8. Patricia M. Anderson & Bruce D. Meyer, 1994. "Unemployment Insurance Benefits and Takeup Rates," NBER Working Papers 4787, National Bureau of Economic Research, Inc.
    9. Kim B. Clark & Lawrence H. Summers, 1982. "Unemployment Insurance and Labor Force Transitions," NBER Working Papers 0920, National Bureau of Economic Research, Inc.
    10. Stephen A. Woodbury, 2009. "Unemployment," Chapters,in: Labor and Employment Law and Economics, chapter 17 Edward Elgar Publishing.
    11. repec:mpr:mprres:1134 is not listed on IDEAS
    12. Phillip B. Levine, 1993. "Spillover Effects between the Insured and Uninsured Unemployed," ILR Review, Cornell University, ILR School, vol. 47(1), pages 73-86, October.
    13. Peter A. Diamond, 1982. "Wage Determination and Efficiency in Search Equilibrium," Review of Economic Studies, Oxford University Press, vol. 49(2), pages 217-227.
    14. Paul T. Decker & Christopher J. O'Leary, 1991. "An Analysis of Pooled Evidence from the Pennsylvania and Washington Reemployment Bonus Demonstrations," Mathematica Policy Research Reports 458eec364eac40c390e6d78c9, Mathematica Policy Research.
    15. Mortensen, Dale T, 1982. "Property Rights and Efficiency in Mating, Racing, and Related Games," American Economic Review, American Economic Association, vol. 72(5), pages 968-979, December.
    16. Stephen A. Woodbury, 2009. "Unemployment," Chapters,in: Labor and Employment Law and Economics, chapter 17 Edward Elgar Publishing.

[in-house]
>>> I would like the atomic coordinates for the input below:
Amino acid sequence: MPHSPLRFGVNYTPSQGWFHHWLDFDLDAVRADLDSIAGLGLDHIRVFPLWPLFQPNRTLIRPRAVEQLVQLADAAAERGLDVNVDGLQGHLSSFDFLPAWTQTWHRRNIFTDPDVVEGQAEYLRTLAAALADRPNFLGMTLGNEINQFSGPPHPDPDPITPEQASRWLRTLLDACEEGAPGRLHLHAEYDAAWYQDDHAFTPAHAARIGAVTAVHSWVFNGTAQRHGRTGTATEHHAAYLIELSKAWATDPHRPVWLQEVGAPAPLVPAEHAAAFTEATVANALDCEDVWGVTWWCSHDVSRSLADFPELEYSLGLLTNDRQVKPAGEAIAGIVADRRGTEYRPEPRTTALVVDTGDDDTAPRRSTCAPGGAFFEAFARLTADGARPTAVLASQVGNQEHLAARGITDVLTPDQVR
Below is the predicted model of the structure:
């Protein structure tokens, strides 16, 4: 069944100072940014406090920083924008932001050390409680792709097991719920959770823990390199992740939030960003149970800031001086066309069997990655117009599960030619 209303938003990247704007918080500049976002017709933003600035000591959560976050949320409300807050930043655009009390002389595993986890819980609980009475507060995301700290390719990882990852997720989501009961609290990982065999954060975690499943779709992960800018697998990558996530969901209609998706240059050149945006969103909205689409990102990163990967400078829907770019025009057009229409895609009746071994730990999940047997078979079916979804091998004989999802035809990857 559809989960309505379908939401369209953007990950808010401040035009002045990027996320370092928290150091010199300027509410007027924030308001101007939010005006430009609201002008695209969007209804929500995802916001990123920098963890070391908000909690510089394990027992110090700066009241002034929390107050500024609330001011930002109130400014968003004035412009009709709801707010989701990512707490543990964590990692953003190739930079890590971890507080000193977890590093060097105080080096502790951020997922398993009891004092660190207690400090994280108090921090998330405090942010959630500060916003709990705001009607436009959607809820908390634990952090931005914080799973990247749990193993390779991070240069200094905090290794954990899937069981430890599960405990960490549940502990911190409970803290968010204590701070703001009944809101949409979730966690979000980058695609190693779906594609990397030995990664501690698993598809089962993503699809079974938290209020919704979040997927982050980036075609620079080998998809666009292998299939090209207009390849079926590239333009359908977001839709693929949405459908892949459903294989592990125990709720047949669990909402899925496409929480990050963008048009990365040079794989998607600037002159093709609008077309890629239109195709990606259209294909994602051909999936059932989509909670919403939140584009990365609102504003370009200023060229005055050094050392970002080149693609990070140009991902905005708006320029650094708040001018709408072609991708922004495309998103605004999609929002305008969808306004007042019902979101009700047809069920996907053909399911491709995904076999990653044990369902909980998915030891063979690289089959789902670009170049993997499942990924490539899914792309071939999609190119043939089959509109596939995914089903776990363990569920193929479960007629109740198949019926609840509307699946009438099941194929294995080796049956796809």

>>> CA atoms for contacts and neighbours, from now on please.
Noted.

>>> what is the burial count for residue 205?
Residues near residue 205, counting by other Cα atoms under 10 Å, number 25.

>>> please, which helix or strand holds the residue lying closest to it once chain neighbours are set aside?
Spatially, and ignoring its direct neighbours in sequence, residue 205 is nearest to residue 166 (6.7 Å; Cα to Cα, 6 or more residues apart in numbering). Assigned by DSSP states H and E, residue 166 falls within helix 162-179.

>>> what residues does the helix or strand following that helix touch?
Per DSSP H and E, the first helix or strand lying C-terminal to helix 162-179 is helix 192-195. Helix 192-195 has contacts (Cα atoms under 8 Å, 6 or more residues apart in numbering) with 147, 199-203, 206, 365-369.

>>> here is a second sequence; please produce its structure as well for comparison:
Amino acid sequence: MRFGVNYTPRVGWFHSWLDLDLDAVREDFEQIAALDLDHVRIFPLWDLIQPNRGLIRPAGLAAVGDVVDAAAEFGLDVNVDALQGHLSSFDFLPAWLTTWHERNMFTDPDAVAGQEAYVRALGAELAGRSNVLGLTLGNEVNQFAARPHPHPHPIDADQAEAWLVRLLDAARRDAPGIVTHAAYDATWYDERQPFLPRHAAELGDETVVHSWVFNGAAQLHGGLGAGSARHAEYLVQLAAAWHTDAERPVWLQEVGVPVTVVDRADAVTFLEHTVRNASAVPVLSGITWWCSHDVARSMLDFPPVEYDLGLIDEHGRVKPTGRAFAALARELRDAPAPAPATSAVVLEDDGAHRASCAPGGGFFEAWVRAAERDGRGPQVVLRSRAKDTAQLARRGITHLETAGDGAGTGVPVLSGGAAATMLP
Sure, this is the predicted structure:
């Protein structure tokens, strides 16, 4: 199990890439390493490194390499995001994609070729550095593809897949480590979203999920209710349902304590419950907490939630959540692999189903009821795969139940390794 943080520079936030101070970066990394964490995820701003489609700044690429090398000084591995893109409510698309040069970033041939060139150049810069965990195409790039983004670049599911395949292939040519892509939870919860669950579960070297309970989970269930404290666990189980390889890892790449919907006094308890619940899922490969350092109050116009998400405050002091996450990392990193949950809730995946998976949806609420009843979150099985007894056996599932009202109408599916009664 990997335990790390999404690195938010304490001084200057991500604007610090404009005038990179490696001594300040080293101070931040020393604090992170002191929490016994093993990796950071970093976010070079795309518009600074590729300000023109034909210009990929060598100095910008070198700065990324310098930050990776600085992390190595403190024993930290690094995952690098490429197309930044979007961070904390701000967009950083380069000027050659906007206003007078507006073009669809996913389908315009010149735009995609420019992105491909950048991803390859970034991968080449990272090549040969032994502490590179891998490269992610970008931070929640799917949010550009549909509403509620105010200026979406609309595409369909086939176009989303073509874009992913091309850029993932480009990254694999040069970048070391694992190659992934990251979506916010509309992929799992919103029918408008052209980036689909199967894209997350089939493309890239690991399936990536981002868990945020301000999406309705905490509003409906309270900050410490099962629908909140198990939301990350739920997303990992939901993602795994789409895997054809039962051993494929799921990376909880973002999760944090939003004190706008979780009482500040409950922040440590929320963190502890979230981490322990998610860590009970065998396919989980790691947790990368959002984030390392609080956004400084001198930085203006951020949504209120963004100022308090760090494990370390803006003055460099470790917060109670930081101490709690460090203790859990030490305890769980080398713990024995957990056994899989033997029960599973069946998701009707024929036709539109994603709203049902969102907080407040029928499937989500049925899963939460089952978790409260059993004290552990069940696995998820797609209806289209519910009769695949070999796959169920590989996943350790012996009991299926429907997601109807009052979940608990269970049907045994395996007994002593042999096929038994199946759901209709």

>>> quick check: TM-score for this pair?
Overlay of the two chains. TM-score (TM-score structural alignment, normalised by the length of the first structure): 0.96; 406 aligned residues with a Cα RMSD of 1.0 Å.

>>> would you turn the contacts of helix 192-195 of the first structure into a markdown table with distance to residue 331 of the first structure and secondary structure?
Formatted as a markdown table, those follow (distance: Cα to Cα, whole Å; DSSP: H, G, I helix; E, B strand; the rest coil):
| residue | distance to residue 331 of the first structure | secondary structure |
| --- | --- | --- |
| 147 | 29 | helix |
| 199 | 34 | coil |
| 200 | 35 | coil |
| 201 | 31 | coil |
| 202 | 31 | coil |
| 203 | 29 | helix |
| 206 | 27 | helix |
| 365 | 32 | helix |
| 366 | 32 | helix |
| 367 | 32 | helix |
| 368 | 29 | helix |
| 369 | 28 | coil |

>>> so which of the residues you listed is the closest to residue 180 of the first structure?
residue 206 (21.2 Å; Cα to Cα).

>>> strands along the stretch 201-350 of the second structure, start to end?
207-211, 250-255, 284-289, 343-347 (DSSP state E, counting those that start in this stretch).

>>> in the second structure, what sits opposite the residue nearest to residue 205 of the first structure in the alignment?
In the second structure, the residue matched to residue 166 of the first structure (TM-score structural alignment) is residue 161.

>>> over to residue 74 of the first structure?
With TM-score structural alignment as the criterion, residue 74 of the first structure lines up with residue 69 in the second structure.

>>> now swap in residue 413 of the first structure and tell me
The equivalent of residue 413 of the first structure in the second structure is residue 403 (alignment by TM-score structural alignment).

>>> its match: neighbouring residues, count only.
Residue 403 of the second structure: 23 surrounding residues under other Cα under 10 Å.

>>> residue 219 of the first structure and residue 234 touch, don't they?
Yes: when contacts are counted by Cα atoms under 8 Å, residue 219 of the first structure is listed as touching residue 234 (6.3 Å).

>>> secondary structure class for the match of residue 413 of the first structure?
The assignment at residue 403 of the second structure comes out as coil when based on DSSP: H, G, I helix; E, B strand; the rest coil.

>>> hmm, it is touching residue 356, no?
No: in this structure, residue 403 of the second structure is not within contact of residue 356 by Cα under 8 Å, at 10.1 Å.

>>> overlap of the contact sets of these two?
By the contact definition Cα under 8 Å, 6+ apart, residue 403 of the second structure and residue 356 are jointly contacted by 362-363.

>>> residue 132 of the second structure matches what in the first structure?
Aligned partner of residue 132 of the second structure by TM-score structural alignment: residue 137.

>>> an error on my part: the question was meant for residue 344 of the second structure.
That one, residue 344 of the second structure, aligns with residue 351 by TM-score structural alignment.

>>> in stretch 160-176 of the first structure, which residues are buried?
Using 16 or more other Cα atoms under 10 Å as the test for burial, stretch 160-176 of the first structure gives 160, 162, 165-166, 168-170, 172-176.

17. Abraham, Katharine G, 1983. "Structural-Frictional vs. Deficient Demand Unemployment: Some New Evidence," American Economic Review, American Economic Association, vol. 73(4), pages 708-724, September.
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    Cited by:

    1. Christian, GOEBEL, 2006. "The effect of temporary employment subsidies on employment duration," Discussion Papers (ECON - Département des Sciences Economiques) 2006035, Université catholique de Louvain, Département des Sciences Economiques.
    2. Carl Davidson & Stephen A. Woodbury, 1996. "Unemployment Insurance and Unemployment Implications of the Reemployment Bonus Experiments," Book chapters authored by Upjohn Institute researchers,in: Advisory Council on Unemployment Compensation: Background Papers, volume 3, pages KK1-KK37 W.E. Upjohn Institute for Employment Research.
    3. Carl Davidson & Stephen A. Woodbury, 2001. "From Social Experiment to Program," Book chapters authored by Upjohn Institute researchers,in: Philip K. Robins & Robert G. Spiegelman (ed.), Reemployment Bonuses in the Unemployment Insurance System: Evidence from Three Field Experiments, chapter 6, pages 175-222 W.E. Upjohn Institute for Employment Research.
    4. Mortensen, Dale T & Pissarides, Christopher, 2001. "Taxes, Subsidies and Equilibrium Labour Market Outcomes," CEPR Discussion Papers 2989, C.E.P.R. Discussion Papers.
    5. Kevin Hollenbeck, 2015. "Promoting Retention or Reemployment of Workers After a Significant Injury or Illness," Mathematica Policy Research Reports 99caa302888a4be68d16d276c, Mathematica Policy Research.
    6. Heckman, James J. & Lalonde, Robert J. & Smith, Jeffrey A., 1999. "The economics and econometrics of active labor market programs," Handbook of Labor Economics,in: O. Ashenfelter & D. Card (ed.), Handbook of Labor Economics, edition 1, volume 3, chapter 31, pages 1865-2097 Elsevier.
    7. Stephen A. Wandner, 2016. "Wage Insurance as a Policy Option in the United States," Upjohn Working Papers and Journal Articles 16-250, W.E. Upjohn Institute for Employment Research.
    8. Lawrence F. Katz, 1996. "Wage Subsidies for the Disadvantaged," NBER Working Papers 5679, National Bureau of Economic Research, Inc.

    More about this item


    wage subsidies; dislocated workers; displaced workers; long-term unemployment;

    JEL classification:

    • J68 - Labor and Demographic Economics - - Mobility, Unemployment, Vacancies, and Immigrant Workers - - - Public Policy